Track lighting systems may have extra features built in or they may be compatible with add-on accessories. Dimmer switches allow you to dim and brighten the light to a specific brightness. Lenses can be added to the track heads to lengthen or broaden the light beam. Colored lenses can also be added to change the color of the lighting. If any of these features are on your wish list, be sure to consider what your track lighting system comes with and what types of features it is compatible with.
Types of Track Lighting
Standard Track Lighting
Standard track lighting is made up of a straight railing and moveable track heads. Oftentimes, standard track lighting railings can be cut or connected to other railings. Standard track lighting is best used for straight or sharply angled spaces. They can be used to line a wall, or the corner of a room, or provide a straight line of lights to illuminate a gallery wall.
Fixed Track Lighting
Fixed track lighting is available with both curved and straight rails. Its main feature is the fixed track heads, which cannot be moved along the rails. Fixed track lighting works well in kitchens or above other counters where changing the location of the track heads is not usually required.Because the railing is smooth and does not have any open grooves for moveable track heads, fixed track lighting is also great for areas where a sleek, clean appearance is important. It's a good option when using track lighting in a modern home.
Swing Arm Track Lighting
Also called flexible track lighting, swing arm track lighting has a rail that can be manually changed into different angles thanks to flexible points along the rail. This is perfect for areas where a straight railing won’t fit. Its versatility and customizable angles make it a perfect choice for areas that would otherwise be hard to fill with a lighting structure.
Suspended Track Lighting
Suspended track lighting is dropped down from the ceiling or suspended away from the wall by a series of connector pieces. This type of track lighting varies from the original track lighting look, adding a hint of modern style to any room. These are great for rooms where a little extra flair is wanted. Suspended track lighting is also advantageous when you want to lower the light beam over an object, as in the case of illuminating a kitchen workspace or island.
Monorail Track Lighting
Monorail track lighting offers the greatest amount of customization, as the whole rail is bendable and the track heads can be placed anywhere along the rail. This allows you to create whatever curves or designs are needed to properly fill a space or accent other uniquely shaped items. These are perfect for complimenting a curvy workspace or making light available at unique angles.
Track lighting costs depend on the complexity of the track lighting system and any extra features included. Generally, track lighting systems cost around $100 to $200. Shopping during holiday times or at the end of the year often results in finding sale prices. These are great times to shop if you are looking to save some money and are not in immediate need of a new lighting fixture.
Installing track lighting yourself into pre-existing wiring will save money on installation costs. However, if you are unsure of how to properly or safely do the job, it is best to hire a professional. If there is no existing light fixture wiring, you should hire an electrician to install the wiring. A simple installation may be around $200 to $300, while running new wiring in the home will cost more.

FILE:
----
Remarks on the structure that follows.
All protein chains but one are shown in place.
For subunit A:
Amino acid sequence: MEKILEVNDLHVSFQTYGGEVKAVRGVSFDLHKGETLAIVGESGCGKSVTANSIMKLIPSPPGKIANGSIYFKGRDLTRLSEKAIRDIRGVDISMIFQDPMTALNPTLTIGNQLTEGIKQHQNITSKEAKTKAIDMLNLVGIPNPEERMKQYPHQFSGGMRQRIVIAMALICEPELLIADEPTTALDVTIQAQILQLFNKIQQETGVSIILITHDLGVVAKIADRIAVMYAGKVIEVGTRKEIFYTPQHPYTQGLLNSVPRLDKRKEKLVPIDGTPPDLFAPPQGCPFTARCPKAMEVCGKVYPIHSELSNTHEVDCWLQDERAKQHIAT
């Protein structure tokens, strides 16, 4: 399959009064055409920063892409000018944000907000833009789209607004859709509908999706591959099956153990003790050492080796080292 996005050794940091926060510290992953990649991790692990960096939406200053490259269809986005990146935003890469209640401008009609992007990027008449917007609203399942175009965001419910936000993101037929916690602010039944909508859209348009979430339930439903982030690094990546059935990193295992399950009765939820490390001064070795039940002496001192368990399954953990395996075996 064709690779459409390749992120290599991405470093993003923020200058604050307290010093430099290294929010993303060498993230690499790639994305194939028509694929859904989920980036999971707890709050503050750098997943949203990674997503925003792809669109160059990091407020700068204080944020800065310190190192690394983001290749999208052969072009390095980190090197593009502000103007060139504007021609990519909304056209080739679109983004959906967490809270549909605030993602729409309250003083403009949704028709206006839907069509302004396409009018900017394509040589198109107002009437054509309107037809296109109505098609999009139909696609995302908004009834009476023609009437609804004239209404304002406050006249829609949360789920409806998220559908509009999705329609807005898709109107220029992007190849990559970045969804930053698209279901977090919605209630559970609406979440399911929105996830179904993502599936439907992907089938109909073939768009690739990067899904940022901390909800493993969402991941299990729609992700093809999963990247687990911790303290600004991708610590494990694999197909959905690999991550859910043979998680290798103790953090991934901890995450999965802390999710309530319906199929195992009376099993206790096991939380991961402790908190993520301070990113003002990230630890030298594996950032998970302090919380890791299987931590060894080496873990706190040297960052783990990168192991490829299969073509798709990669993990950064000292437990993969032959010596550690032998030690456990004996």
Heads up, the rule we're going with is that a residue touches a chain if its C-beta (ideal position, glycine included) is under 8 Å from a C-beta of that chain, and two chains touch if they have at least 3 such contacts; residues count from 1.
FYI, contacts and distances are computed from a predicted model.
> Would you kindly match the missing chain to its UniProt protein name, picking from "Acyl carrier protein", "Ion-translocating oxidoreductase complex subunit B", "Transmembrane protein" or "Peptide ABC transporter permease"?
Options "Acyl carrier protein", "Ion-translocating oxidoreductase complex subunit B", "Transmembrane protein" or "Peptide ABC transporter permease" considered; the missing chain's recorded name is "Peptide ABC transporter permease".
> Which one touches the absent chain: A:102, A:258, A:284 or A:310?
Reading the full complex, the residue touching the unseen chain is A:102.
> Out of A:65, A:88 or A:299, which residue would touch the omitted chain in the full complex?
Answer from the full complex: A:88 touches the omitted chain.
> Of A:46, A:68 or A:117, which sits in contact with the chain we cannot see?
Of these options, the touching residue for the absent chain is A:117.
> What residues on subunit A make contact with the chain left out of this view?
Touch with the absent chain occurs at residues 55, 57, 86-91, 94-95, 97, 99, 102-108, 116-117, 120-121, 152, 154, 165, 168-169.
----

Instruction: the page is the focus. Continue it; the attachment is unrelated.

How to Choose Track Lighting
What Kind of Lighting Do You Require?
When choosing track lighting, it is important to consider what kind of lighting you want the fixture to produce. For example, do you need movable track heads and railings for shop work or highly detailed tasks? A swing arm track lighting with beam filters may be best. Or are you looking to highlight a unique art collection? A standard track light would suffice.
How Much of the Space Needs Illuminating?
Keeping in mind the size of the space that requires illumination will also narrow down your choices. If the area is small, a unique monorail lighting may be just right. On the other hand, if the space is very large and requires many feet of lit area, long, standard track lights would be better suited for the space.
How Versatile Does The Lighting Need to Be?
Consider how often you plan on moving or changing the light beams. If the track light won’t be changed repeatedly after installation, a fixed track light may suit your purpose. However, if you need to continually change the direction or location of the track heads for specific lighting needs, a monorail track light or swing arm track light may be more useful. Suspended track lighting may also be ideal since it can be easier to reach.
Where to Shop
Buying in-store is a great way to see the style, materials, and functionality of task lighting fixtures in person before choosing one. Be sure to look at all the compatible options for each track lighting system, and ask a salesperson any questions about compatibility or voltage requirements. Ask if there are any warranties for the system and what the return policy is.
Buying online offers you the advantage of being able to browse a large array of options. Before purchasing online, be sure to thoroughly read the voltage requirements and understand system compatibility. Measure your space to ensure the light will fit properly. Look at any warranties, guarantees, and return policies, and keep an eye out for shipping details.
Where to Buy Track Lighting
Do all track heads fit the same track?
No, not all track heads are compatible with every rail. There are three types of track lighting connections: J, L, and H. The rail and the track head must be the same type to be compatible.
Are track lights hard to install?
If there is an existing electrical box, the track lights can simply be connected like any other light fixture. However, if there is no electrical box, new wiring must be added. For this, it is best to hire a professional.
How many lights can I put on a track?
This depends on the voltage of your track lighting system. It is best to only use 80 percent of the available watts to avoid overloading the light fixture. You will need to determine what each track head requires and add up the total voltage.